The power dissipated by the series pass elements (charger) depends on charging/load current multiplied by the voltage across the element. Since current is constant (except for trickle charge), power loss is proportional to series pass voltage.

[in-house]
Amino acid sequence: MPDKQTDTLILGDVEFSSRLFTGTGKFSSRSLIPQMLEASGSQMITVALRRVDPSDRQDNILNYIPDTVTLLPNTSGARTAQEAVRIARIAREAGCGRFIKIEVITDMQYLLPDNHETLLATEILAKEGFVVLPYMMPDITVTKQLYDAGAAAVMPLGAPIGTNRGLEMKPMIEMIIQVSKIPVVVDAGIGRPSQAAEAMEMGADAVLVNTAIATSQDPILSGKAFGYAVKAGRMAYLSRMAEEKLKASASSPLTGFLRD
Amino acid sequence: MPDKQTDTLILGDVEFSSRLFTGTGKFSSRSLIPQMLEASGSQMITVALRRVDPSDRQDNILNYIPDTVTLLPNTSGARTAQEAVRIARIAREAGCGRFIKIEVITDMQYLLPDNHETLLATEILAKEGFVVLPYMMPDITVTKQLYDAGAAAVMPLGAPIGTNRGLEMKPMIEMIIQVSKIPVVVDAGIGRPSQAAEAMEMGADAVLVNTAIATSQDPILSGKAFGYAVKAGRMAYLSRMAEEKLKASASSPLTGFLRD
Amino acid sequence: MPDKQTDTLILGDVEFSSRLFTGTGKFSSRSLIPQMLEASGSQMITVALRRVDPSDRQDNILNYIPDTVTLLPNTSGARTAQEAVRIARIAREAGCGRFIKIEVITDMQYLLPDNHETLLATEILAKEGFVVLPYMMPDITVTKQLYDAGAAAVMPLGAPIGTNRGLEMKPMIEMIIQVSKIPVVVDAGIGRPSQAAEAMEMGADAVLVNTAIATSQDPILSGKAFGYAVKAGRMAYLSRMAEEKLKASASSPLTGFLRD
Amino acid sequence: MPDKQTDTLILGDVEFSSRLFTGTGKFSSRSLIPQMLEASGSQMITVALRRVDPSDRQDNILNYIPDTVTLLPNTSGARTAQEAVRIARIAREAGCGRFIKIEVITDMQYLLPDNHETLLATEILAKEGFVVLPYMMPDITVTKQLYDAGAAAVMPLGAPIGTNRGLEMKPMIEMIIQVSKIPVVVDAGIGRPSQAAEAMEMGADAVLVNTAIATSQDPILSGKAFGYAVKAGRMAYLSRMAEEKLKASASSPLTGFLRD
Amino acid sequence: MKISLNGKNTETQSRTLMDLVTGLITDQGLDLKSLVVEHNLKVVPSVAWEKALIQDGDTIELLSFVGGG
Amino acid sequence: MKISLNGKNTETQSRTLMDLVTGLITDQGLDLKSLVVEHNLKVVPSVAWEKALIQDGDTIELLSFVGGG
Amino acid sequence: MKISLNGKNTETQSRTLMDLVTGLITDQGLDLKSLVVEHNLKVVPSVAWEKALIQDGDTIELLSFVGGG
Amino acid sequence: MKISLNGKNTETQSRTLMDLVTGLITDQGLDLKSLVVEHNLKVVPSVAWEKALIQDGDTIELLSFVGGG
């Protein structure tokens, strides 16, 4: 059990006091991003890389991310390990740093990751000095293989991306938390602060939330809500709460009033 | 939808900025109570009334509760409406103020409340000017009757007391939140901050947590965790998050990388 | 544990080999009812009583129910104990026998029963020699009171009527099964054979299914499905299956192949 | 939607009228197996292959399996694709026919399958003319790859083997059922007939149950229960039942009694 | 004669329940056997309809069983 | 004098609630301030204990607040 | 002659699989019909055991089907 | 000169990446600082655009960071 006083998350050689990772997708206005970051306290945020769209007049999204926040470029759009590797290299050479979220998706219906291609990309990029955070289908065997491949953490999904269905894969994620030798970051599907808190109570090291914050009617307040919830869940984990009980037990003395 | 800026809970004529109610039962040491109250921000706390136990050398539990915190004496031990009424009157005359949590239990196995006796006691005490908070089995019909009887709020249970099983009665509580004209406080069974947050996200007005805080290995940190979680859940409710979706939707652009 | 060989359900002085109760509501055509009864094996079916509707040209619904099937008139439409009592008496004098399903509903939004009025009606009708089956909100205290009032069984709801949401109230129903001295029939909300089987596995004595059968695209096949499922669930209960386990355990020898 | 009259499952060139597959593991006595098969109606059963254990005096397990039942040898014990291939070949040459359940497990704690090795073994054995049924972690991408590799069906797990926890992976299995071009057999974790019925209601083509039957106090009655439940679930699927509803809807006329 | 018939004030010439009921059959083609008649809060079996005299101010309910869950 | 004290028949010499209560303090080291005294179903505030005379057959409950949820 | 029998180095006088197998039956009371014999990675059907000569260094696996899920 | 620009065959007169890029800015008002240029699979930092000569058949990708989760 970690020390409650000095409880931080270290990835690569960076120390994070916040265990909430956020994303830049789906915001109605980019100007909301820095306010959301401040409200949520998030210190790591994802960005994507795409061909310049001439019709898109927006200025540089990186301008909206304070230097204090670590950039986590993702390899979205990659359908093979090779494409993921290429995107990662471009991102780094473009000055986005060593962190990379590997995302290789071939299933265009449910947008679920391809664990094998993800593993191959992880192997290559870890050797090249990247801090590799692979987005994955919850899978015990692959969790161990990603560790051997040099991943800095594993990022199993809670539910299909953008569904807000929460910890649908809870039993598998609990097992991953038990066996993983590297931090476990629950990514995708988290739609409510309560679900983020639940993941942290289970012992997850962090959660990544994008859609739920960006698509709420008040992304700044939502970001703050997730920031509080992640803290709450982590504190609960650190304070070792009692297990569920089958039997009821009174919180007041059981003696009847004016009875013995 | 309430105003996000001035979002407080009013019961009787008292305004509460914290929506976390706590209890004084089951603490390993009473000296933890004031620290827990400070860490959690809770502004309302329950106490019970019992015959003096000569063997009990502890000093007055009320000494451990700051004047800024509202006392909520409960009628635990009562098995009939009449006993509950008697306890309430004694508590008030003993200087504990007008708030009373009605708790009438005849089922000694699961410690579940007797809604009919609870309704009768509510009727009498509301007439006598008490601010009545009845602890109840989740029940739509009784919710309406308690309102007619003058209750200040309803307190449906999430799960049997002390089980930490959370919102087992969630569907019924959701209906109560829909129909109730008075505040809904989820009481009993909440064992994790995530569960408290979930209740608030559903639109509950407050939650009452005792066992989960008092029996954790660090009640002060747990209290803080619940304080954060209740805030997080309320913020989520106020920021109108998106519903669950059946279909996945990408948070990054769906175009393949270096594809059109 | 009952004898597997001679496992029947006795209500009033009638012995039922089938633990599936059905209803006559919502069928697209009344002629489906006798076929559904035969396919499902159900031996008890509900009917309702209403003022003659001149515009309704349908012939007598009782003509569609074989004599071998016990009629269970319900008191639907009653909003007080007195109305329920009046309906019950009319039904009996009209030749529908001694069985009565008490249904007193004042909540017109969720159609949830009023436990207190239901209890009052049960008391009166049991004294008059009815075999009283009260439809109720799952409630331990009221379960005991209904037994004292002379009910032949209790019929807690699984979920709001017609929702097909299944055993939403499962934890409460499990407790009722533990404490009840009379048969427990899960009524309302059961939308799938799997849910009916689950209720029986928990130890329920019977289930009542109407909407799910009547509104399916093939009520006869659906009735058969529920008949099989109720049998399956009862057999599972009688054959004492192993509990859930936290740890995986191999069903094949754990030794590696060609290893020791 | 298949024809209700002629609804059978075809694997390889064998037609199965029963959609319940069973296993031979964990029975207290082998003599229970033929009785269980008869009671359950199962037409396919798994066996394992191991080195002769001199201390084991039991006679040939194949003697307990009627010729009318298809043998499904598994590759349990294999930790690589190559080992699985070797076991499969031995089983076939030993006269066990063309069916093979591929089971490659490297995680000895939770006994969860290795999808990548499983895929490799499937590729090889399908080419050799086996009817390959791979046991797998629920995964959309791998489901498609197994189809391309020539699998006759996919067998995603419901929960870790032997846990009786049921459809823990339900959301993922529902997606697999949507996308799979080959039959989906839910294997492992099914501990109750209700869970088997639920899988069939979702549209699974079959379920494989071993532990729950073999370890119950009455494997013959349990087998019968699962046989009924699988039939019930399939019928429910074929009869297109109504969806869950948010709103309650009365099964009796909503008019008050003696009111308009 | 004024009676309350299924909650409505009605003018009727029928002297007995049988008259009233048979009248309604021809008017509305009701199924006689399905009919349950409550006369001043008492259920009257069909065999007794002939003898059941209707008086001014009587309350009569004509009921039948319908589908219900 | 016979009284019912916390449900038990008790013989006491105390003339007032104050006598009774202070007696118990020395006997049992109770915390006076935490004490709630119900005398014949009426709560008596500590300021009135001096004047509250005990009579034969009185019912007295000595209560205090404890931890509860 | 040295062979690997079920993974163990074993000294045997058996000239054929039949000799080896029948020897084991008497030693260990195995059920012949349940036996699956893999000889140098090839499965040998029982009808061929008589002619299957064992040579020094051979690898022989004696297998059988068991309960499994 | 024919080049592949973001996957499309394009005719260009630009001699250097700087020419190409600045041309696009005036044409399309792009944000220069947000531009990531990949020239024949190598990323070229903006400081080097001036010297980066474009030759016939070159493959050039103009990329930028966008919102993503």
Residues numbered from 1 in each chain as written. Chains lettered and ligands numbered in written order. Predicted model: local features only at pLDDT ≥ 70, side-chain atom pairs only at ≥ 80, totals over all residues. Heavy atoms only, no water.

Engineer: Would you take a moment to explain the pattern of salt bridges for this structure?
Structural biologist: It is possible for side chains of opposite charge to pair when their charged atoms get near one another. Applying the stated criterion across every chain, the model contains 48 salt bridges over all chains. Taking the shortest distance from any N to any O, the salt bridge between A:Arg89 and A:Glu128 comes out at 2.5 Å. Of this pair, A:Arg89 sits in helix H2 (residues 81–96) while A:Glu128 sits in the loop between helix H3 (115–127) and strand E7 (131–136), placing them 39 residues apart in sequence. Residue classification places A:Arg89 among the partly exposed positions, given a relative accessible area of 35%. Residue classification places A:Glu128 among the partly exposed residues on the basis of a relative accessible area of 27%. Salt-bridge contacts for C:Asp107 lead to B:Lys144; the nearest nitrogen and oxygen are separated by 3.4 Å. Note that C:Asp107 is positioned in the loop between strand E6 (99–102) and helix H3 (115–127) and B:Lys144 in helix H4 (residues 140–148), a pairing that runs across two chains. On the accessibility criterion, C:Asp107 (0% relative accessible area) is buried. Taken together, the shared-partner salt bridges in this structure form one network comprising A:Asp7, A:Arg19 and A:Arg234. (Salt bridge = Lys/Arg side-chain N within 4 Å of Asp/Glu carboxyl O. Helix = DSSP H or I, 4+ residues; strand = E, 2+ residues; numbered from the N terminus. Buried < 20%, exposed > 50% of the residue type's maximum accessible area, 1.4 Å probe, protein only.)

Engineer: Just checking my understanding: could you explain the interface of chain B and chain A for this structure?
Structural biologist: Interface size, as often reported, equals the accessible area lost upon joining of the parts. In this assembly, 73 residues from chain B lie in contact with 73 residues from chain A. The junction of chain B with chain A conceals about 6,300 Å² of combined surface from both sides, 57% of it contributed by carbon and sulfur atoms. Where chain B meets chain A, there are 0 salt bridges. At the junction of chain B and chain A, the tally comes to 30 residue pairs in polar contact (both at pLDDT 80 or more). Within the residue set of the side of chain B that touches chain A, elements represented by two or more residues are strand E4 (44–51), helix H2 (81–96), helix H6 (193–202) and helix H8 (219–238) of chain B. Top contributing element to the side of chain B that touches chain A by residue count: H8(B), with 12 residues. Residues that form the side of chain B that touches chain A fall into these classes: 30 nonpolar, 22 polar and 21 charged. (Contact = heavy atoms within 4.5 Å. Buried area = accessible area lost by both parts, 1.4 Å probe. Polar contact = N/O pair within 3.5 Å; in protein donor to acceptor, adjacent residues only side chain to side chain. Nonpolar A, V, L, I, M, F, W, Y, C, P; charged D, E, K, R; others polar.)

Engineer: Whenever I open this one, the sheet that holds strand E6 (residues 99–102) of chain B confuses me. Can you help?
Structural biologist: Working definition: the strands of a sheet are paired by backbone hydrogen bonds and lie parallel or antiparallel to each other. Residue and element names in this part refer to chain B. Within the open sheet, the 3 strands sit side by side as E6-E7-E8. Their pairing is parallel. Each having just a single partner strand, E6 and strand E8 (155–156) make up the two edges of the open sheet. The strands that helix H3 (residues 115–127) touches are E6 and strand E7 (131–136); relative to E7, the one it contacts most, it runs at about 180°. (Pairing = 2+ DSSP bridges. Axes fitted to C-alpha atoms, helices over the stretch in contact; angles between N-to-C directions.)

Since minimum series pass voltage is maintained, the worst case power loss quickly becomes quite small as battery voltages equalize. As batteries go into trickle charge, power loss becomes negligible. As batteries become similar in voltage and as each battery reaches a full charge, power dissipation is held at a minimum and is eventually reduced to only that necessary to charge the remaining batteries. Once the batteries are fully charged, a trickle charge of only 45 milliwatts is required to maintain the batteries at a full charge state while the power or battery charger is in operation. In typical battery charging systems, the power dissipation does not reduce gradually in a manner that tracks the power requirements to charge the batteries efficiently, rather, the power dissipation is either at full level, for example, 11 watts, or at a trickle charge state of, for example, 45 milliwatts, with no power variation in between. Accordingly, it is apparent that there is a large amount of power loss associated with the prior battery charging systems that are either on full power or at a trickle charge without any power tracking capabilities as the batteries go from reduced power consumption a full depletion state and full charge state. Since the auxiliary power line is used to provide operating current to the current control circuits, a noise filter 118 is provided to filter the voltage before reaching the crxrent control circuits 122, 123 and 124. The noise filter 118 includes a pair of capacitors Cl and C2, which are optimized to provide the best noise filtering capabilities. These two capacitors are connected together in parallel between the auxiliary power line 130 and ground 140. A transistor Ql is connected between the auxiliary power line 130 and the power enable line 142 of the power supply, which line